"Dorene McShea's courage in the face of abuse brings this situation to light. Where else are these types of violations happening?"
NBC2 Exclusive: Collier schools under the microscope Collier County News
Last updated on: 7/24/2007 11:37:38 PM
by Adam Freeman
COLLIER COUNTY: There is big trouble for the Collier County School District. NBC2 obtained a report exposing a long list of violations including high school students getting extra honor credits for classes they never took - and the findings go much deeper.
There are claims of students grading teacher's papers, guidance counselors giving special treatment, and school administrators sharing information with students about other students.
NBC2's Adam Freeman was the only reporter in Southwest Florida to obtain the 50-page report, done by an independent lawyer, the day before it was released.
The report shows some students are getting two credits for one class, other students getting honors credits while taking regular classes, and some teachers just putting in a movie every single day.
Now, officials with the school board must figure who is responsible for letting these things happen.
"They found some disturbing issues," said Collier County School Board Chairman Steve Donovan.
Donovan explained in some classes, the report showed that students are taking classes in which the workload is completely wrong for the class.
"One was called "Leadership Traits" and they had these students washing towels," said Donovan.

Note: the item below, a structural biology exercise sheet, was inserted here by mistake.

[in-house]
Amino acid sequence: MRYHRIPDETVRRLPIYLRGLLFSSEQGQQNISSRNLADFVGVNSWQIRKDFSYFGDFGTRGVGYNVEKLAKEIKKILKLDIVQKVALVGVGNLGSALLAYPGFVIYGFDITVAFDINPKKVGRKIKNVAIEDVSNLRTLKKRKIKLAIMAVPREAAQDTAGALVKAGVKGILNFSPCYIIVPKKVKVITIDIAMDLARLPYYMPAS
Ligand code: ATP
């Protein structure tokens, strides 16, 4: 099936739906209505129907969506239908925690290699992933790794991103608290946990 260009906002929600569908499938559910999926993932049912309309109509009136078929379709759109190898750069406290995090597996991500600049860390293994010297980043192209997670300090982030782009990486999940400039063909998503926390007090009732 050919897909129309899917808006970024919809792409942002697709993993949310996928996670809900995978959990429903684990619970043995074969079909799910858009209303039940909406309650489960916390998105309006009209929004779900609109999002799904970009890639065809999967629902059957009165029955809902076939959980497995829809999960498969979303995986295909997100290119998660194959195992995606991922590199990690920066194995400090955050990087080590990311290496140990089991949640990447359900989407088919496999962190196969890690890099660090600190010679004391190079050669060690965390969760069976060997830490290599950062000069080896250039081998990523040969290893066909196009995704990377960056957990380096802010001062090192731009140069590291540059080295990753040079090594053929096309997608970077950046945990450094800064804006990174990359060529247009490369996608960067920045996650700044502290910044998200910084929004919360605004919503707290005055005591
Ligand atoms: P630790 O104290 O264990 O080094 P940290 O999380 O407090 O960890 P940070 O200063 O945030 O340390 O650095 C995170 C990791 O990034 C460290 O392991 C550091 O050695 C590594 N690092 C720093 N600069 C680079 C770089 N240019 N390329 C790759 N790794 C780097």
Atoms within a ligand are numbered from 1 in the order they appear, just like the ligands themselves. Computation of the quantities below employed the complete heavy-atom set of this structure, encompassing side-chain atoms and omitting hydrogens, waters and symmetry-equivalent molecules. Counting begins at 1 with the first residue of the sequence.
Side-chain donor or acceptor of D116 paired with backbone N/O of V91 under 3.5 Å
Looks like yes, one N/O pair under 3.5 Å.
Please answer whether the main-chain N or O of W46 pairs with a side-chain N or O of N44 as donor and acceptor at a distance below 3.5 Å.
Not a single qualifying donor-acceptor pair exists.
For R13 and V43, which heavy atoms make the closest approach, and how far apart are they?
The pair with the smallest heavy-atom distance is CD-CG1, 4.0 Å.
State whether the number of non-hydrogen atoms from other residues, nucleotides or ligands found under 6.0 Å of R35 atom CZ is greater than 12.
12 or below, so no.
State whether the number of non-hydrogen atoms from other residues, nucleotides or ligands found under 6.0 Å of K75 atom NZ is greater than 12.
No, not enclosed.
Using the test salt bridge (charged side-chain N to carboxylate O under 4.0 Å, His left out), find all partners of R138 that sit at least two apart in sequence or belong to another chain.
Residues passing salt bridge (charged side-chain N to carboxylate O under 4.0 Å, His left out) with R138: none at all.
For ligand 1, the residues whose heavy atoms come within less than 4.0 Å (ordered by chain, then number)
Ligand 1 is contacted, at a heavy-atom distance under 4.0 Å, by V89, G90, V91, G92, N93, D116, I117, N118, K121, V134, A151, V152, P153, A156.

The report, which includes many high schools in the district, also shows at least one music class where the teacher simply played a movie each day.
"To kill time, they would put a movie in and that's not what we want," said Donovan.
Other school board members had similar reactions to the report on Tuesday night.
School Board member Richard Calabrese said the report "Puts our district in a terrible light. We're not supposed to do things like this."
Vice-Chair Linda Abbott questions what colleges or employers will think of Collier students and said, "The reputation of our school district is at stake."
Donovan has called a special meeting to talk about possible sanctions against administrators.
"They're not going into the schools and they're not reviewing what the principals are doing. They're not going in and seeing what we're doing in our classrooms and the schools are running amok almost," said Donovan.
Donovan says the penalties could range from a slap on the wrist to firing.
"I know one thing - everything is on the table," said Donovan.
NBC2 did try to contact the Collier County superintendent Tuesday night, but we got no answer.
That special meeting is scheduled for next Tuesday at the Collier County School District Building.
In order to remove an administrator from office, they just need a majority vote from the five school board members.